Upload your photos, chat, win prizes and much more
Can't Access your Account?
New to ePHOTOzine? Join ePHOTOzine for free!
Upload photos, chat with photographers, win prizes and much more for free!
I've searched the forum to see if this has come up before, and I can't see it, so here goes:
I've just bought an Epson Stylus Photo R800 and am delighted with the quality of output - however there is no getting away from the fact that the printed image is noticeably darker than the image on my monitor. The colours are correct - it's just too dark.
The monitor is calibrated with a Spyder 3 Pro (last calibrated yesterday); I am using Epson inks on Epson Premium Glossy paper, using the Epson supplied profile.
LR is set to glossy paper, 360dpi and high sharpening. The profile is SPR800 Premium Glossy, and Rendering Intent is perceptual.
Printer settings are Premium Glossy Photo Paper, Best Photo, Gloss is enabled, and High Speed is ticked. Colour Management is turned off for the printer.
I can' think of anything else that might need adjusting - anybody got any ideas please?
Join ePHOTOzine for free and remove these adverts.
I use an R1800 which may have similar software, from within the printing properties, then printing preferences, you can adjust the brightness of the print.
I can't help with your actual problem I'm afraid but thought I'd mention one of your settings. High Speed should be switched off for the best reults.The other settings look fine.
When evaluating your print to screen match ensure the viewing conditions are adequate.
For instance, viewing a print in the evening with the sole illumintion coming from a room light will make the print look darker and warmer than what it actually is.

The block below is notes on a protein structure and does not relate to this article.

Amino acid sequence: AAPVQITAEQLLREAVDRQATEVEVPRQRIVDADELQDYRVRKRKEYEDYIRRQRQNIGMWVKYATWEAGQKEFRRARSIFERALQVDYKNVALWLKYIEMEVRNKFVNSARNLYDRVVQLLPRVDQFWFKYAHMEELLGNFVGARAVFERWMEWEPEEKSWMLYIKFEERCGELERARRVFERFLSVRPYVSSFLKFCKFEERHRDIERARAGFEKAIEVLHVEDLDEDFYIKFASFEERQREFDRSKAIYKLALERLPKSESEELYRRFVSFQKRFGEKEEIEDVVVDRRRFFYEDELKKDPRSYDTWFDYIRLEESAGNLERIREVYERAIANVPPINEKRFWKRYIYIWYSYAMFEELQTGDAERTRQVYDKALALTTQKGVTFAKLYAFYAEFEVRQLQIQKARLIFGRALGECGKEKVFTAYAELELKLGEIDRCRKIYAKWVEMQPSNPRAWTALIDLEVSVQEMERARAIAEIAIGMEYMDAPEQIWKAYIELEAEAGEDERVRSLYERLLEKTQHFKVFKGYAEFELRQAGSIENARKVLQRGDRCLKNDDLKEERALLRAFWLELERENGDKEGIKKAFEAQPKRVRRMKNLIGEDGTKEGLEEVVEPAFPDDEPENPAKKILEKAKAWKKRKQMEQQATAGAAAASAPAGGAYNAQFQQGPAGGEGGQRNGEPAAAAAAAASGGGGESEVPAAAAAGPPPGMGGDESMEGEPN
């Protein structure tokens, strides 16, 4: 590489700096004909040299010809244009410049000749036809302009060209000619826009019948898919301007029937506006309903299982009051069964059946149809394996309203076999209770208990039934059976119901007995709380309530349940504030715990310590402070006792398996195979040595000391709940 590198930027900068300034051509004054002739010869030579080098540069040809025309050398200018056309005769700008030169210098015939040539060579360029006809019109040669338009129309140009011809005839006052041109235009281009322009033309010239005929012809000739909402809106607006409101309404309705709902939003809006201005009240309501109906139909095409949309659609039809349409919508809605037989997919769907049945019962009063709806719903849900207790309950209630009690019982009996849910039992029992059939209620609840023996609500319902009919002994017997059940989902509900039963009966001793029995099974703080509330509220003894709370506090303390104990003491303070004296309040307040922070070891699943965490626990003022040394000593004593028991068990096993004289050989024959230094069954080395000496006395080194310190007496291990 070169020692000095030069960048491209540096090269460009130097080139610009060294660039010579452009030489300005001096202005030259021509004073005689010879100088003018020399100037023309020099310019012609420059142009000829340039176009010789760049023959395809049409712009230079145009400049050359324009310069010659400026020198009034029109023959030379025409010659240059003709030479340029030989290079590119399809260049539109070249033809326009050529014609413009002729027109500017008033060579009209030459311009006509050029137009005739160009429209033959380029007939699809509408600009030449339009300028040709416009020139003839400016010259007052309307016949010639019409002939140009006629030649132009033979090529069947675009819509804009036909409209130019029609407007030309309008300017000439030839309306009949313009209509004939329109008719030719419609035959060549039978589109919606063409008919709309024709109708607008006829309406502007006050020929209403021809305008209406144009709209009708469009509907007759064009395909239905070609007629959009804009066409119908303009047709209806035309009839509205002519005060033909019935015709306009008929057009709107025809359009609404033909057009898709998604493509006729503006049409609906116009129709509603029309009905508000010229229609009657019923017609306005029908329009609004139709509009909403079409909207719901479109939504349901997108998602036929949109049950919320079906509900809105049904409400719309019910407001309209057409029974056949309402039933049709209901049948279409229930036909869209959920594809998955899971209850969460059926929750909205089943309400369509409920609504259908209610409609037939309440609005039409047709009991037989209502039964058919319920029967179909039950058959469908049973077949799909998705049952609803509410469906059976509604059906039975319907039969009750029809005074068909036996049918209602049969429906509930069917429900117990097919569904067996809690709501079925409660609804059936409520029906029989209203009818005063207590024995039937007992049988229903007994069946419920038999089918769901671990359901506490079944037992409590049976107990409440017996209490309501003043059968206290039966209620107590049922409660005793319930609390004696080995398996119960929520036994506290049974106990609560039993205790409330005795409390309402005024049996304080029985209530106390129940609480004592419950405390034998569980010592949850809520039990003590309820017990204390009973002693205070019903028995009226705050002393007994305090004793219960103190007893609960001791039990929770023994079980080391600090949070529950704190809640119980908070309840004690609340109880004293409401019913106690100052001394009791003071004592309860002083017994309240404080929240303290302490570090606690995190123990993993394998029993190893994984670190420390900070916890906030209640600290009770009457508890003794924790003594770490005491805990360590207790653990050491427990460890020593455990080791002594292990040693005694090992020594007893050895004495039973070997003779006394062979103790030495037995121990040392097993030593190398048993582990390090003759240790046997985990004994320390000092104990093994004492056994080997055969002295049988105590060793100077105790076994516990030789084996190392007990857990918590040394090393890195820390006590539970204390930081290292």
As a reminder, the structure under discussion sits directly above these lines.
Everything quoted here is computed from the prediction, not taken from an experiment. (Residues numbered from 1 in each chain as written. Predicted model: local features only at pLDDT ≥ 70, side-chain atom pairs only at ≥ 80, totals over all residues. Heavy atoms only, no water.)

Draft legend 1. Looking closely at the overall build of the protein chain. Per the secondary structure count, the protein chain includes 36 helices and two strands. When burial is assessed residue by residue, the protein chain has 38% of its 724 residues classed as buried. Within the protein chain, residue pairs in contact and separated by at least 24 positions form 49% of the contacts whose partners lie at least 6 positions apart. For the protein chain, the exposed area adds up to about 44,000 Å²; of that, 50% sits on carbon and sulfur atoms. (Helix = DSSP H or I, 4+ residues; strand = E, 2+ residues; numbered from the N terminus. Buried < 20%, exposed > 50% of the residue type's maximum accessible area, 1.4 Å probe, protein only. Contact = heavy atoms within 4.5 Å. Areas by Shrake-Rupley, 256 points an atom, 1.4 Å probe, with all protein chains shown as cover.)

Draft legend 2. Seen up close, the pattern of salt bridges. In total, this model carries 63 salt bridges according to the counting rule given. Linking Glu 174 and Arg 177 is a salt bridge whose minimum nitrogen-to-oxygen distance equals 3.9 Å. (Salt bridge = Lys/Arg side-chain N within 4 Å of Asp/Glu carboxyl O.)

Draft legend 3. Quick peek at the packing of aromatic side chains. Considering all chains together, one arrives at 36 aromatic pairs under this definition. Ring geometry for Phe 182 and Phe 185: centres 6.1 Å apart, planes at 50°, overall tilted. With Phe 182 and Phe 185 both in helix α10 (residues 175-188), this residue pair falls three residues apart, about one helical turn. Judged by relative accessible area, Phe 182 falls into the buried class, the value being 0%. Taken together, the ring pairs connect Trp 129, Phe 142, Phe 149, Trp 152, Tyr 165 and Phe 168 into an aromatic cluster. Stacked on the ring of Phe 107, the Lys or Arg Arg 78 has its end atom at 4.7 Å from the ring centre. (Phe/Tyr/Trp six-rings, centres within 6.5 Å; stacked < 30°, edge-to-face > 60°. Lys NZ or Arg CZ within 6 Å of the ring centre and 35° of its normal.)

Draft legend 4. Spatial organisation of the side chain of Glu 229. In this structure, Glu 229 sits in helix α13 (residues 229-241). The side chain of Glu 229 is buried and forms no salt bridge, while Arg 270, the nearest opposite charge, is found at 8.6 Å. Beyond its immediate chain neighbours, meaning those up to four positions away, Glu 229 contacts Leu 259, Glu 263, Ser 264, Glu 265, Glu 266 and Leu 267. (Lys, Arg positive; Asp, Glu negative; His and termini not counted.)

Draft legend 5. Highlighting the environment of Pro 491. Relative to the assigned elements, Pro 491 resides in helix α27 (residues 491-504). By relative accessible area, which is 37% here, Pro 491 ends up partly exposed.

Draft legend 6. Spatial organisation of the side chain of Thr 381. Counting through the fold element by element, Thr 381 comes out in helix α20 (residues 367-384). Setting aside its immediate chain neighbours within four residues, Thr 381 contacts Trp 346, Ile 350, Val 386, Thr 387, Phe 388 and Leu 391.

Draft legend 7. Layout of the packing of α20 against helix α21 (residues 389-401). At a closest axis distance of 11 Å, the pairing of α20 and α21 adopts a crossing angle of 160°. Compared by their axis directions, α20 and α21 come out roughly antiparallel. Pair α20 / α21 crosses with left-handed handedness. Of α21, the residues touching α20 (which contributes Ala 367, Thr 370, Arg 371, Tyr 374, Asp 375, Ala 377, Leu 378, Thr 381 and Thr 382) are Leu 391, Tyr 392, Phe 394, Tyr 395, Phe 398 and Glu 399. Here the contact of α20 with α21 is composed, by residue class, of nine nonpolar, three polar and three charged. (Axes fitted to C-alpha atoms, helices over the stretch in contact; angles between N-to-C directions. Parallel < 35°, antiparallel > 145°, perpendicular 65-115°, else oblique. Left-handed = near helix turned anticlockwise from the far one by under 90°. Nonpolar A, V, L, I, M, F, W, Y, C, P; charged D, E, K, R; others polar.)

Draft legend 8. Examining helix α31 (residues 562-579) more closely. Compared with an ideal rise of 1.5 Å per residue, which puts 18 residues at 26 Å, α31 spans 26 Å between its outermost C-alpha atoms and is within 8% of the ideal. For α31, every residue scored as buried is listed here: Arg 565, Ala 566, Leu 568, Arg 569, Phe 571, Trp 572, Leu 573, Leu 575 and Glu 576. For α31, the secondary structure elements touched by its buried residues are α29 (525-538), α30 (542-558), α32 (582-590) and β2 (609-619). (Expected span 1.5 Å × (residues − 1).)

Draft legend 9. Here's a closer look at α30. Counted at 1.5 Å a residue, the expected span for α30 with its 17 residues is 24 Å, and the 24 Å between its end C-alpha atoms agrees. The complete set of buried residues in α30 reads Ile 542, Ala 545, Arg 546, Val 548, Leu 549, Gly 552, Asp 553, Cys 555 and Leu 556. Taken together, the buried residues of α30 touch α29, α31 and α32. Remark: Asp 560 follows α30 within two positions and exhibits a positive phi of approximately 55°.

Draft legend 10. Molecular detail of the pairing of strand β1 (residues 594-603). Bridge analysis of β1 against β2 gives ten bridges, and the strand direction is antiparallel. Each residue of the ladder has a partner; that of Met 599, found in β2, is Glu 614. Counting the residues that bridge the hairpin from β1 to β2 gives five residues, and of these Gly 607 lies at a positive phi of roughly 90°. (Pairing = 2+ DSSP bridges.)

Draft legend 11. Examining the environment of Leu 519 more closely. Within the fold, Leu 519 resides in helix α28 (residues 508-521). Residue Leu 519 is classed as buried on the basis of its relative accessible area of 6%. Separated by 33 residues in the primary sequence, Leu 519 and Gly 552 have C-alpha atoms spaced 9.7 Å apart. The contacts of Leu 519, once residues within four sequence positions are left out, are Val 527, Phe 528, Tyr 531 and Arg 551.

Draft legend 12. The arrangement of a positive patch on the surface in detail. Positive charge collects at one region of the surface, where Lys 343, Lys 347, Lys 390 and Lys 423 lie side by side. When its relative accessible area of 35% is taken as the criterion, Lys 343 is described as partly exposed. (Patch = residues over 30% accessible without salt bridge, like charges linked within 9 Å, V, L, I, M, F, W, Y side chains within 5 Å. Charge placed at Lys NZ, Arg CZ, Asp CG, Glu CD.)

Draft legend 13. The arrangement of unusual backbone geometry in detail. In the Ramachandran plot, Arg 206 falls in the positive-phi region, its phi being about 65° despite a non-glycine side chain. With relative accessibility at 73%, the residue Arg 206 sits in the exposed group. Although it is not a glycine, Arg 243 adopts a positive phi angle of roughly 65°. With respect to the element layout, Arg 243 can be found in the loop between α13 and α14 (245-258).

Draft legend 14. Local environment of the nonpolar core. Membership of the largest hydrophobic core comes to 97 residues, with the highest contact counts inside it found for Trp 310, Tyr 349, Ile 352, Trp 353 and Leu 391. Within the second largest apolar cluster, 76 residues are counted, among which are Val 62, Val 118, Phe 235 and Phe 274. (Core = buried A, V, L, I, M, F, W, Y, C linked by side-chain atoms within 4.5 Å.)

Viewing the print by holding it near a well lit window (but not one lit by direct sunlight) will often give a far better indication of the match between screen and print.
You say you've calibrated your monitor. However, are you sure the brightness is correct? It should be in the region of 120-130 cd/m2 (for an lcd). With my Spyder 2 this reading is displayed at the point where you adjust the three RGB levels on the screen before proceeding with the calibration process.
I have to manually do this by turning down the screen brightness.
Dark prints are often caused by the screen being too bright.
Are you letting printer or lightroom / photoshop to determine the colours - I had a similar problem and I had over riden the settings. I tend to let Photoshop (don't have LR assume its the same) setermine the colours that way you ensure the same colour space is used. Ensure you use the right profile in drop down box. Then remember to turn off the colour management in the advanced settings on photoshop check here for a tutorial that covers it in a bit more depth.
Just had a look at the Adobe Lightroom forums - it looks like this is a known & wide-spread issue that has plagued LR from version 1. Several work-arounds suggested, but no solution.
Henchard - thanks for the advice, I will check that.
What's your operating system???
I ask because I'm having an ongoing nightmare with Colour Management on Vista.
Bottom line is that my calibrated screen is not showing me the correct colours/tones.
Full Story Is Here
It's a long story, but in essence Lightroom has a bug with ICC4 profiles and even if you work out how to generate an ICC2 profile you get shafted by Vista.
I'm afraid the real start point is knowing your screen is displaying the right colours/tones.
Then if the prints don't match the screen it's purely the printing and in isolation that's relatively easy to fix!
I know if I hold a Macbeth ColorChecker up next to my XP system it looks astonishingly similar to the screen.
See my Adobe Forums thread for the test images I used.
I'd also add I've seen weird and dramatic colour problems with inks bought from eBay - they turned out NOT to be genuine Epson inks.
Wasn't me I hasten to add!
There is quite a good guide on eBay about spotting fake ink.